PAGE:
"I don't believe the Hmong community accepts psychiatry as Western culture," says Reitman. "The average person in America might consider that psychiatric care has a place. I think people in the Hmong community will not acknowledge symptoms as a symptoms of a mental illness. Instead they'll look at their symptoms representing a physical ailment, or they might even think of it as demons."

    Reitman says many of his patients come to him only after the shaman has failed to cure them. And he says his Hmong patients will often stop taking prescribed medicine if they believe they're cured. Not understanding the concept of ongoing or preventative treatment can result in tragedy, as in the case of Mee Xiong. Relatives say she had consulted a shaman to cast out the evil spirit. According to court records, Xiong had also seen a Minnesota psychiatrist for the past four years, and was under court order to take medication. Reitman says Hmong people are no more prone to violence or mental illness than people from other cultures.

    Ilean Her of the Council of Asian Pacific Minnesotans, and others in the Hmong community, insist these shaman rituals work in some circumstances. But she admits shamanism can't cure everything. And shaman are not known to recommend a western doctor. She says such sole adherence to shamanism can have negative consequences.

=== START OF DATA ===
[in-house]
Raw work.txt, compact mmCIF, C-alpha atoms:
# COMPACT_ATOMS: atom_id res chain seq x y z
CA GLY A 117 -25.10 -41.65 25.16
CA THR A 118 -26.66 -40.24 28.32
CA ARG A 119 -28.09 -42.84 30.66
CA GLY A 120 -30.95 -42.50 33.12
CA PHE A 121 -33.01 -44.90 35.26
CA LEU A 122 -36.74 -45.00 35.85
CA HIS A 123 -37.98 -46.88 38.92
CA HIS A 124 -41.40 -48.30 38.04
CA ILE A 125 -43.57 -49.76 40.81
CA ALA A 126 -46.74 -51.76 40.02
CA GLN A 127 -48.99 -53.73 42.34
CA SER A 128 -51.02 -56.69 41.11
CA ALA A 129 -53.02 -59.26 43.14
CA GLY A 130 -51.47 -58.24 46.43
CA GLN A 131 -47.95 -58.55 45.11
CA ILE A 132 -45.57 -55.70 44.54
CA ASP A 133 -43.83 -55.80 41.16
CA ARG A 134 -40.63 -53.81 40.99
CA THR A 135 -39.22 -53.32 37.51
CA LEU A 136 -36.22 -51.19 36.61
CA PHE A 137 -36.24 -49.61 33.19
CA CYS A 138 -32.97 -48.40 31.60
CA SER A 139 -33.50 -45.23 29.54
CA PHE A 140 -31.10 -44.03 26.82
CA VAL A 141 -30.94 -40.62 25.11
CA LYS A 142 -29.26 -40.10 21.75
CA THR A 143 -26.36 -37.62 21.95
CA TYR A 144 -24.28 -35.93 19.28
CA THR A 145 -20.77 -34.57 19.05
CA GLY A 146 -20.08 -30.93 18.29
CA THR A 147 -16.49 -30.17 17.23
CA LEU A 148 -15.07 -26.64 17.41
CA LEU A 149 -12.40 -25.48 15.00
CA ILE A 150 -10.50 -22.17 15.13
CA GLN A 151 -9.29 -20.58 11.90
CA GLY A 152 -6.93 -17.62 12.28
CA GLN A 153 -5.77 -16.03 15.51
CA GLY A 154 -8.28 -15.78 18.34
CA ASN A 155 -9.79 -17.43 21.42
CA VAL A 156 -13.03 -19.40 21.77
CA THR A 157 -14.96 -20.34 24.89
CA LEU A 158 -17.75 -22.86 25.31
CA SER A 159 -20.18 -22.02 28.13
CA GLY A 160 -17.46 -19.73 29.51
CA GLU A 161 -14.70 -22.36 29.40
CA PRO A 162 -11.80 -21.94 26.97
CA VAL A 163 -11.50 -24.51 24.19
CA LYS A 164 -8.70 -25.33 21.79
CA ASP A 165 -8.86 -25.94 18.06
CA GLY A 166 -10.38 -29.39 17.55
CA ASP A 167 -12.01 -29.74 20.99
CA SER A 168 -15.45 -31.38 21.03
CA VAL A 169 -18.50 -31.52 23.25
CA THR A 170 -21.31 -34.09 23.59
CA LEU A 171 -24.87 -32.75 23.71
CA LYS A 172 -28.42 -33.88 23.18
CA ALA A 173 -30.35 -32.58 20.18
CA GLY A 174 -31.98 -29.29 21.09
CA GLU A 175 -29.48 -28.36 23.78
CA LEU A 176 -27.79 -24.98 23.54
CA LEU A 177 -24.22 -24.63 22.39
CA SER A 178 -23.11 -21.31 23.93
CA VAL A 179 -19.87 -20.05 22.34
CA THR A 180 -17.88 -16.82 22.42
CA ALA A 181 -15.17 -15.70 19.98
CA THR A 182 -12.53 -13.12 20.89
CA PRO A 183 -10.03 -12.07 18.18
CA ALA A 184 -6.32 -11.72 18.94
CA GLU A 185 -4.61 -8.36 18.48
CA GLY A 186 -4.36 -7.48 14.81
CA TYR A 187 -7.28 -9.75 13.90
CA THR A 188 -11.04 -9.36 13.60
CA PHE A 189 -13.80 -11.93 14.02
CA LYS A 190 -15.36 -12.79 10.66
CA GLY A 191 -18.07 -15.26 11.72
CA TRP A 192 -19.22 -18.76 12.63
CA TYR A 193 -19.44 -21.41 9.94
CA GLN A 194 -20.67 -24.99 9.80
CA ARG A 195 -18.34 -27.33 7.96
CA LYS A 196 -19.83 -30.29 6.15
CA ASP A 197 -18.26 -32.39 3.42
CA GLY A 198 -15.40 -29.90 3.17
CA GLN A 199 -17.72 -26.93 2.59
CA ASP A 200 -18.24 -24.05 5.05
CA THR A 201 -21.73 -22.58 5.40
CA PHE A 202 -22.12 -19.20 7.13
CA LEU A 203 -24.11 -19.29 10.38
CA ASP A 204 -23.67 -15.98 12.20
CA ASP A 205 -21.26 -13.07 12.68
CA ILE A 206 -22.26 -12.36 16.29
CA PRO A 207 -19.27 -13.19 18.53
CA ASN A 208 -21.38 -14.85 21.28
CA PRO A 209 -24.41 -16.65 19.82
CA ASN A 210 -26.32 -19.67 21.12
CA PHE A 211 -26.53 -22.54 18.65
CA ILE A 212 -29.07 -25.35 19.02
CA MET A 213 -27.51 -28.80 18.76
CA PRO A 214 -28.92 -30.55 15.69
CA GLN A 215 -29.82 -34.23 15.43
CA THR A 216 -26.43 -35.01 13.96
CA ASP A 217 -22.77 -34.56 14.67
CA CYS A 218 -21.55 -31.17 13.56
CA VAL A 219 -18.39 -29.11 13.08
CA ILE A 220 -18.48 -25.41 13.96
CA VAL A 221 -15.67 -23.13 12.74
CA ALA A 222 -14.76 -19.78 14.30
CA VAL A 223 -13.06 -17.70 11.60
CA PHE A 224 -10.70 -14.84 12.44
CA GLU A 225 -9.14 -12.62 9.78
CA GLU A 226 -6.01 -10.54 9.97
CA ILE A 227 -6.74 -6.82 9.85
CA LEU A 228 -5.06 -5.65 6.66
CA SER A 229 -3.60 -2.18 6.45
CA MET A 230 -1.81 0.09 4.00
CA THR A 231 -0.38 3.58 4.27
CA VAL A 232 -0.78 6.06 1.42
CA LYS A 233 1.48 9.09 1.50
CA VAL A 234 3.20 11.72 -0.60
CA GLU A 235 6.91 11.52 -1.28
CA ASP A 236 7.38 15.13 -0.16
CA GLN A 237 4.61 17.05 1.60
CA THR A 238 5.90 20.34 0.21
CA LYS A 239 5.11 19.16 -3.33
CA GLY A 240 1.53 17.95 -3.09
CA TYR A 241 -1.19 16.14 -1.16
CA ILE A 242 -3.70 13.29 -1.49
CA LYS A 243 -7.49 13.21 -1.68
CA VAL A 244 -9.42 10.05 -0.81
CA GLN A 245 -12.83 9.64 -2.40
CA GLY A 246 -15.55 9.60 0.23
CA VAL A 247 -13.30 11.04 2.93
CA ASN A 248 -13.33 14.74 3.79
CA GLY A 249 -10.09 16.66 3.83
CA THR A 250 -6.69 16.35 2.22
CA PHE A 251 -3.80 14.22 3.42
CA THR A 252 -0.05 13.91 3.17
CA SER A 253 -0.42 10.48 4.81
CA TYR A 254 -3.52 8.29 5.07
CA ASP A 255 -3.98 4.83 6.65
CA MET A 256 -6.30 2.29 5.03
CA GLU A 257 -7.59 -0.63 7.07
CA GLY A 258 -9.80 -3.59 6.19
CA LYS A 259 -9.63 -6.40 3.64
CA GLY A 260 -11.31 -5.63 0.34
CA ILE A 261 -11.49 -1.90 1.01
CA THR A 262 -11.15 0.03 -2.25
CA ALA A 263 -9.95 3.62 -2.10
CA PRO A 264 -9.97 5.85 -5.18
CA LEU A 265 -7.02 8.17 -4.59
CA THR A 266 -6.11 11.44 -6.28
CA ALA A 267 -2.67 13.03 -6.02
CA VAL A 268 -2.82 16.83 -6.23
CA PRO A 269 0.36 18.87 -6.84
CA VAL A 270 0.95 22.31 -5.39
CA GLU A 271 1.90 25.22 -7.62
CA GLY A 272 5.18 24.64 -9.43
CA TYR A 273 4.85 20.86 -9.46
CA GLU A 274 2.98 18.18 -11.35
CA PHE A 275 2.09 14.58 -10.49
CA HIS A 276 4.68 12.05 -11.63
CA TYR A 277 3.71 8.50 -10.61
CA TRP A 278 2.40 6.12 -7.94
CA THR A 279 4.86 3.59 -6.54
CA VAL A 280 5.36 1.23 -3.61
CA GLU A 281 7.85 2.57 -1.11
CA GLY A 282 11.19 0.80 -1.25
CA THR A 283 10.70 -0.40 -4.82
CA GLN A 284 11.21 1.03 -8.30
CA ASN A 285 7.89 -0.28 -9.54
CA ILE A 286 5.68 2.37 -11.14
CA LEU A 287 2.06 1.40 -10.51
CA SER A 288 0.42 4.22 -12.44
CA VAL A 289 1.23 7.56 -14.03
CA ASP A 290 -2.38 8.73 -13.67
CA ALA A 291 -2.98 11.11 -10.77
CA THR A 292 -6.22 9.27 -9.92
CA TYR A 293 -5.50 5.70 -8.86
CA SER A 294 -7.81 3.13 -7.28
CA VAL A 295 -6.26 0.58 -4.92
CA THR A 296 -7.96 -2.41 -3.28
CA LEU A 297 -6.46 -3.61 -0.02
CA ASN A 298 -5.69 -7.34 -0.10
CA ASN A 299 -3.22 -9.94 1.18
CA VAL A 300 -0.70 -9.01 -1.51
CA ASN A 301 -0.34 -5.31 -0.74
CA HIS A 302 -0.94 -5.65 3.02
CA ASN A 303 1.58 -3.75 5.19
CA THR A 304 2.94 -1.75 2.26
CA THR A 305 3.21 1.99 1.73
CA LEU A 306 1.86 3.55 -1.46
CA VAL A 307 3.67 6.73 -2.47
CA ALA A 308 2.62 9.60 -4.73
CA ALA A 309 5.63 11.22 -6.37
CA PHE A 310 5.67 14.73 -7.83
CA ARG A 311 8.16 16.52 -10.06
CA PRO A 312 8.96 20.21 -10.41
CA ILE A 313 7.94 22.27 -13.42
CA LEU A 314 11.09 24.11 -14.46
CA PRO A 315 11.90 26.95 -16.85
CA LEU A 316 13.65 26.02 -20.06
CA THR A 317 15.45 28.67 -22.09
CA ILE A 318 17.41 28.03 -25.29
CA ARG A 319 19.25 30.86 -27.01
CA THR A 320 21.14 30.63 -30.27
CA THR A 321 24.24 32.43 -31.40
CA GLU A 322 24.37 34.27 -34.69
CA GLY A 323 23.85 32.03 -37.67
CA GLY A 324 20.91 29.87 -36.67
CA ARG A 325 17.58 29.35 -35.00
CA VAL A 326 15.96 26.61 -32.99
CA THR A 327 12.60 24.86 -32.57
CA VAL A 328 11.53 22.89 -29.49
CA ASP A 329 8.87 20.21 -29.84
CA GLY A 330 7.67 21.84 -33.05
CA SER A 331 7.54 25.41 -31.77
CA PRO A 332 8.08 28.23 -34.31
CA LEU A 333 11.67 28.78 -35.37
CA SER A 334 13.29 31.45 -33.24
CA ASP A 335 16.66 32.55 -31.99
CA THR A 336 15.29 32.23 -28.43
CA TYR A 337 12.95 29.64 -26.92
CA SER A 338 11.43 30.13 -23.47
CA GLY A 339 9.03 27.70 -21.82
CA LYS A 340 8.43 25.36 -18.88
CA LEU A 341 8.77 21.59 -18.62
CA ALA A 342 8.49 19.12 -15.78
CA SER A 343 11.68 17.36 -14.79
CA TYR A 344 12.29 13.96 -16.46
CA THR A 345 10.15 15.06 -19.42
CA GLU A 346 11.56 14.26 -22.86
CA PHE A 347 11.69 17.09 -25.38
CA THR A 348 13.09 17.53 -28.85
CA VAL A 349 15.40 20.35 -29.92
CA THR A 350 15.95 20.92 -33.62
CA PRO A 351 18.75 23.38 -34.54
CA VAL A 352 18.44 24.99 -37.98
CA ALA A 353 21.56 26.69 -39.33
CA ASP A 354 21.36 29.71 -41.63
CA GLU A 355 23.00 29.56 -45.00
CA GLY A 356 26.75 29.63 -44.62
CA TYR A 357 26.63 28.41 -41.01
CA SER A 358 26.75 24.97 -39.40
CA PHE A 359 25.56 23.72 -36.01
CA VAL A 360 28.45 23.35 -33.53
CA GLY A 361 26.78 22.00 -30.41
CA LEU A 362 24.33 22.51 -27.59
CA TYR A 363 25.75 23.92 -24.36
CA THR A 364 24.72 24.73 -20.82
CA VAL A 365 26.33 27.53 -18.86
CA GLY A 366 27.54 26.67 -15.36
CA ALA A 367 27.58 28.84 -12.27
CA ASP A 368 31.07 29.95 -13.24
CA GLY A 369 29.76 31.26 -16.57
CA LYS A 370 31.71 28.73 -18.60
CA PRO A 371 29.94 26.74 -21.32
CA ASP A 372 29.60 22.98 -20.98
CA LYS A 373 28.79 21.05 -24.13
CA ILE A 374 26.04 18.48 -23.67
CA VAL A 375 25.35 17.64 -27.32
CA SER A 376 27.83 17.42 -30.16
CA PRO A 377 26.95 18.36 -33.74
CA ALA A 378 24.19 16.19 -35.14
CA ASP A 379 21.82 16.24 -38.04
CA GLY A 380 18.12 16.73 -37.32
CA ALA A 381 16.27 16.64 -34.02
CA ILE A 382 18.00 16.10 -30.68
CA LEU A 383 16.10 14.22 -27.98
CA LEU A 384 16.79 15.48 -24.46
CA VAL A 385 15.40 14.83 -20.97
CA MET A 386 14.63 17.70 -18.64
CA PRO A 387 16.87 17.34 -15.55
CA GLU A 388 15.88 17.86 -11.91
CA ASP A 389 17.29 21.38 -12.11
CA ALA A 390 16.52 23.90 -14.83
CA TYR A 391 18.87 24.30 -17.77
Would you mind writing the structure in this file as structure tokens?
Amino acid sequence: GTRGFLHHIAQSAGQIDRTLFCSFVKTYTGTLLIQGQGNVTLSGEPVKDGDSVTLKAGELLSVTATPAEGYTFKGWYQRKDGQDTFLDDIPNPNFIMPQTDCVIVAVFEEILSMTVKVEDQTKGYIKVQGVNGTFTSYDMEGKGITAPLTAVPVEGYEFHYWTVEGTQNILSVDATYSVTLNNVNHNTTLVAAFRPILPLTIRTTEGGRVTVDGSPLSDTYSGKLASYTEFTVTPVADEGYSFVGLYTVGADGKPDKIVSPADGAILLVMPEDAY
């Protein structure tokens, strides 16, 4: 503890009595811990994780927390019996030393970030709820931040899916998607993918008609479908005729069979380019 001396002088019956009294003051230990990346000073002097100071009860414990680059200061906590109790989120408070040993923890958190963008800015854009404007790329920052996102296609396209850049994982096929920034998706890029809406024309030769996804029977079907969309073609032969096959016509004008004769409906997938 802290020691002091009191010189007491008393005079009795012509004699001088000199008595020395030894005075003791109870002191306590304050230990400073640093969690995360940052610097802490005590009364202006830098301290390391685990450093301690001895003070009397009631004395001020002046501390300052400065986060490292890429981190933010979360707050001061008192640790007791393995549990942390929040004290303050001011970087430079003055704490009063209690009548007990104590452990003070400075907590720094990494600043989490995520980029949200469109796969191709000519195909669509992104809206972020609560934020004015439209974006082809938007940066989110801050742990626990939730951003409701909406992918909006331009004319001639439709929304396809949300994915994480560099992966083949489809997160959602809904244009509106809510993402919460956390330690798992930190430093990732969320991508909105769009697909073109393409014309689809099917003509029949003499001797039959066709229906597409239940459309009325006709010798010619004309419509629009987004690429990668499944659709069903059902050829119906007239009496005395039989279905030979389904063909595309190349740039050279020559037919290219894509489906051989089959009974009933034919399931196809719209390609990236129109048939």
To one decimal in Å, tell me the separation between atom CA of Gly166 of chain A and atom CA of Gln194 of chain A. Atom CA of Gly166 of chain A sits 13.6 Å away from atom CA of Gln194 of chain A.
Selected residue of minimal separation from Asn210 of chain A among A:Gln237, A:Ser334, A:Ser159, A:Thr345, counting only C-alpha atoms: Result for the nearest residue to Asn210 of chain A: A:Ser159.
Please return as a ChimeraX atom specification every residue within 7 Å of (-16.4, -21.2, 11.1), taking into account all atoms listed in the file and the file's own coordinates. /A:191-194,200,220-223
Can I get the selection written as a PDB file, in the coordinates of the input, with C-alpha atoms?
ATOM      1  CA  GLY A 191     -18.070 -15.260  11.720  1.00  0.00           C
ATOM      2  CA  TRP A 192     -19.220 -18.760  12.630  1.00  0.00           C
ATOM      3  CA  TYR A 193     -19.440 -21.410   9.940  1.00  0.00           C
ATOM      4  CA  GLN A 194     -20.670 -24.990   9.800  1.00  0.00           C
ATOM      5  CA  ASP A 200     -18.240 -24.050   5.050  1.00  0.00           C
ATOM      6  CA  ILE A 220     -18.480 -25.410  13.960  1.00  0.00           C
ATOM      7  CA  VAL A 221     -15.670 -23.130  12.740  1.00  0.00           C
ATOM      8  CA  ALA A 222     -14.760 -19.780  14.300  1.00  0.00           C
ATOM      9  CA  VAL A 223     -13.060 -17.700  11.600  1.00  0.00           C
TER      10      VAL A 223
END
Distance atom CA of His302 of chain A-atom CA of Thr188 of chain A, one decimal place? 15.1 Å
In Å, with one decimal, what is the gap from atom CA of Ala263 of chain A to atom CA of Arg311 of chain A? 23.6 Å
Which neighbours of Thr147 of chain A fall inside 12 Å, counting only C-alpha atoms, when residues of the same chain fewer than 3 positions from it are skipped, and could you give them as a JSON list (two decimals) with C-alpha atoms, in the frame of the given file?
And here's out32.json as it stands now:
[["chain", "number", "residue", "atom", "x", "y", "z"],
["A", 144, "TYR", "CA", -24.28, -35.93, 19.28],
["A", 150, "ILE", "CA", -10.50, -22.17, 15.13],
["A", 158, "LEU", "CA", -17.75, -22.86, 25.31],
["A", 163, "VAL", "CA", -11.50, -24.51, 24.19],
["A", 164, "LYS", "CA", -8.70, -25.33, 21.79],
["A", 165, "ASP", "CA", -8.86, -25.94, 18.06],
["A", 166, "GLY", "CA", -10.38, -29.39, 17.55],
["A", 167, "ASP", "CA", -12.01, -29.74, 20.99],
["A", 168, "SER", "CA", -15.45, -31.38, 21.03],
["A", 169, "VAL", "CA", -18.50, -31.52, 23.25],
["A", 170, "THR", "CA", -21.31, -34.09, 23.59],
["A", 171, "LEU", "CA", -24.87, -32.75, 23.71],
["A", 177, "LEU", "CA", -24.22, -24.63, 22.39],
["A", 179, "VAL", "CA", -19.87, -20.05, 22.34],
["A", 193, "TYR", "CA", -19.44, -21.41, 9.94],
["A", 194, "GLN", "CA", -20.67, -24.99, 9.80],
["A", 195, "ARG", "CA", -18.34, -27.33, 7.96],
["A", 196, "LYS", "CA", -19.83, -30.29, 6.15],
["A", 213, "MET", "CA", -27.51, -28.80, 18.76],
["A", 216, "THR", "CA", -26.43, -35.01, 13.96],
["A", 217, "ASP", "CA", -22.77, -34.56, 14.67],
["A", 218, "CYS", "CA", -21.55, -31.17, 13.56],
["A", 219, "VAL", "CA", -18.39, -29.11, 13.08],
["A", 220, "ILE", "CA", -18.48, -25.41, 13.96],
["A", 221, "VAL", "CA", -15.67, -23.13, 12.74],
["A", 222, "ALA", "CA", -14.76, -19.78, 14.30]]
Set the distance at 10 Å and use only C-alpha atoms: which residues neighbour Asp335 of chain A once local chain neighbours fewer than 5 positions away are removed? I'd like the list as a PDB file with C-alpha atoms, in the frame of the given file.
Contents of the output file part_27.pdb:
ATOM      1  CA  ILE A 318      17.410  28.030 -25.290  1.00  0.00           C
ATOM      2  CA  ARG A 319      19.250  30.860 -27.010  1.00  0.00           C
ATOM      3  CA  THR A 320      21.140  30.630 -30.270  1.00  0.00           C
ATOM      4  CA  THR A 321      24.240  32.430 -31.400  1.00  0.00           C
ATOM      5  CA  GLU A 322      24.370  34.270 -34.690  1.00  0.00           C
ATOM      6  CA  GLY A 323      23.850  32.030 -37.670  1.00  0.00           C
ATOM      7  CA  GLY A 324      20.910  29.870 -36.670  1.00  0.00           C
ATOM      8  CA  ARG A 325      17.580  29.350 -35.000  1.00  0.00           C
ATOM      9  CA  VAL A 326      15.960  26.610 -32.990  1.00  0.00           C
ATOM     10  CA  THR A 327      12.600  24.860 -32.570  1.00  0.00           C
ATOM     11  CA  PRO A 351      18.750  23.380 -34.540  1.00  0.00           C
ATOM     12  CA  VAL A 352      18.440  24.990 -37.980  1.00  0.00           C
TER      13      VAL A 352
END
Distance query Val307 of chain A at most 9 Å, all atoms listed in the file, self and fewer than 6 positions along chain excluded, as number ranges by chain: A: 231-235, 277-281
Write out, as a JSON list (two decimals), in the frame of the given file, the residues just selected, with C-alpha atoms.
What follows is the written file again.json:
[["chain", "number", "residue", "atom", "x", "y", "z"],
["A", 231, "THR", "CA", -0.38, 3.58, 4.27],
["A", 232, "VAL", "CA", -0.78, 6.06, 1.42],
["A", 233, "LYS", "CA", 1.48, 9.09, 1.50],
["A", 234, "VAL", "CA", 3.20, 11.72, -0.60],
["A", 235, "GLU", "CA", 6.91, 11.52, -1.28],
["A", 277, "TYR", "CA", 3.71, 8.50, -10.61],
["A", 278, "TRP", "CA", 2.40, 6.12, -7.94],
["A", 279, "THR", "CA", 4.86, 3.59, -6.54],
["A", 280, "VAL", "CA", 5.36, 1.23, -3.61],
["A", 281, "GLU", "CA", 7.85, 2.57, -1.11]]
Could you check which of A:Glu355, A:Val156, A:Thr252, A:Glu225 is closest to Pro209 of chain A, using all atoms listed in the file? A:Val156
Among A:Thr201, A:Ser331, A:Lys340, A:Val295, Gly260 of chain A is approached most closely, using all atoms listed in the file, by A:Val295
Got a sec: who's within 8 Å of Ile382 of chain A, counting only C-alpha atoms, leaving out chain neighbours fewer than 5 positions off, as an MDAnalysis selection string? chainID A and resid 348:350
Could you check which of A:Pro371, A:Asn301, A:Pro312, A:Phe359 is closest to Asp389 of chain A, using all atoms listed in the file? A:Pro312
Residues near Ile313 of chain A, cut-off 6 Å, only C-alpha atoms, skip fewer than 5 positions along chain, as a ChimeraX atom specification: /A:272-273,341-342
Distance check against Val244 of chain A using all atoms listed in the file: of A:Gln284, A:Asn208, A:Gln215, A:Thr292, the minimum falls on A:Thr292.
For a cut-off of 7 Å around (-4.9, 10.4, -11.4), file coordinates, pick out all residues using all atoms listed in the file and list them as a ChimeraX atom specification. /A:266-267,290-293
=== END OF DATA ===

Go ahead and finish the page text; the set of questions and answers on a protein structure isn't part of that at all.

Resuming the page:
"I have a friend who teaches in Minneapolis public schools and she has a child with a learning disability. She told the parents, and they say 'Oh no, we go to a shaman to fix it or through traditional Hmong medicine to fix it.' In two or three years the learning disability has gotten worse because the intervention hasn't been given to him," says Her. "It's a detriment to the community. I'm not saying shamanism doesn't work, but at the same time, there are certain conditions if you are not treated right away, your condition becomes worse."

    Her says by coming to the U.S. and jumping 200 years into the technological future from their hill tribe way of life, the Hmong face tremendous stress. Some 35,000 Hmong were killed aiding U.S. forces during the war in Southeast Asia, a high percentage of their overall population. This means nearly every Hmong immigrant in Minnesota lost a friend or relative due to the war. She says turning to a shaman is one way to maintain a link to their traditional culture.

    "Depression, loneliness, isolation, particularly of the older generation, where they feel they don't fit in, they don't belong, they miss home, they miss their country, they miss their food, and then it becomes more complex," Her says. "The experience of coming to America, acculturation, is an additional stress on pre-existing mental illness within the community. It intesifies depression, it intensifies paranoia, and they don't have a basis to understand that."

    Health care providers are discovering ways to reach Hmong acceptance by blending their practices with shaman understanding. A Wilder program is staffed by Hmong and educates about mental illness using Hmong language materials. A St. Paul Hmong women's support group and an elders drop-in center in Minneapolis offer help to combat isolation, family problems and cultural adjustments.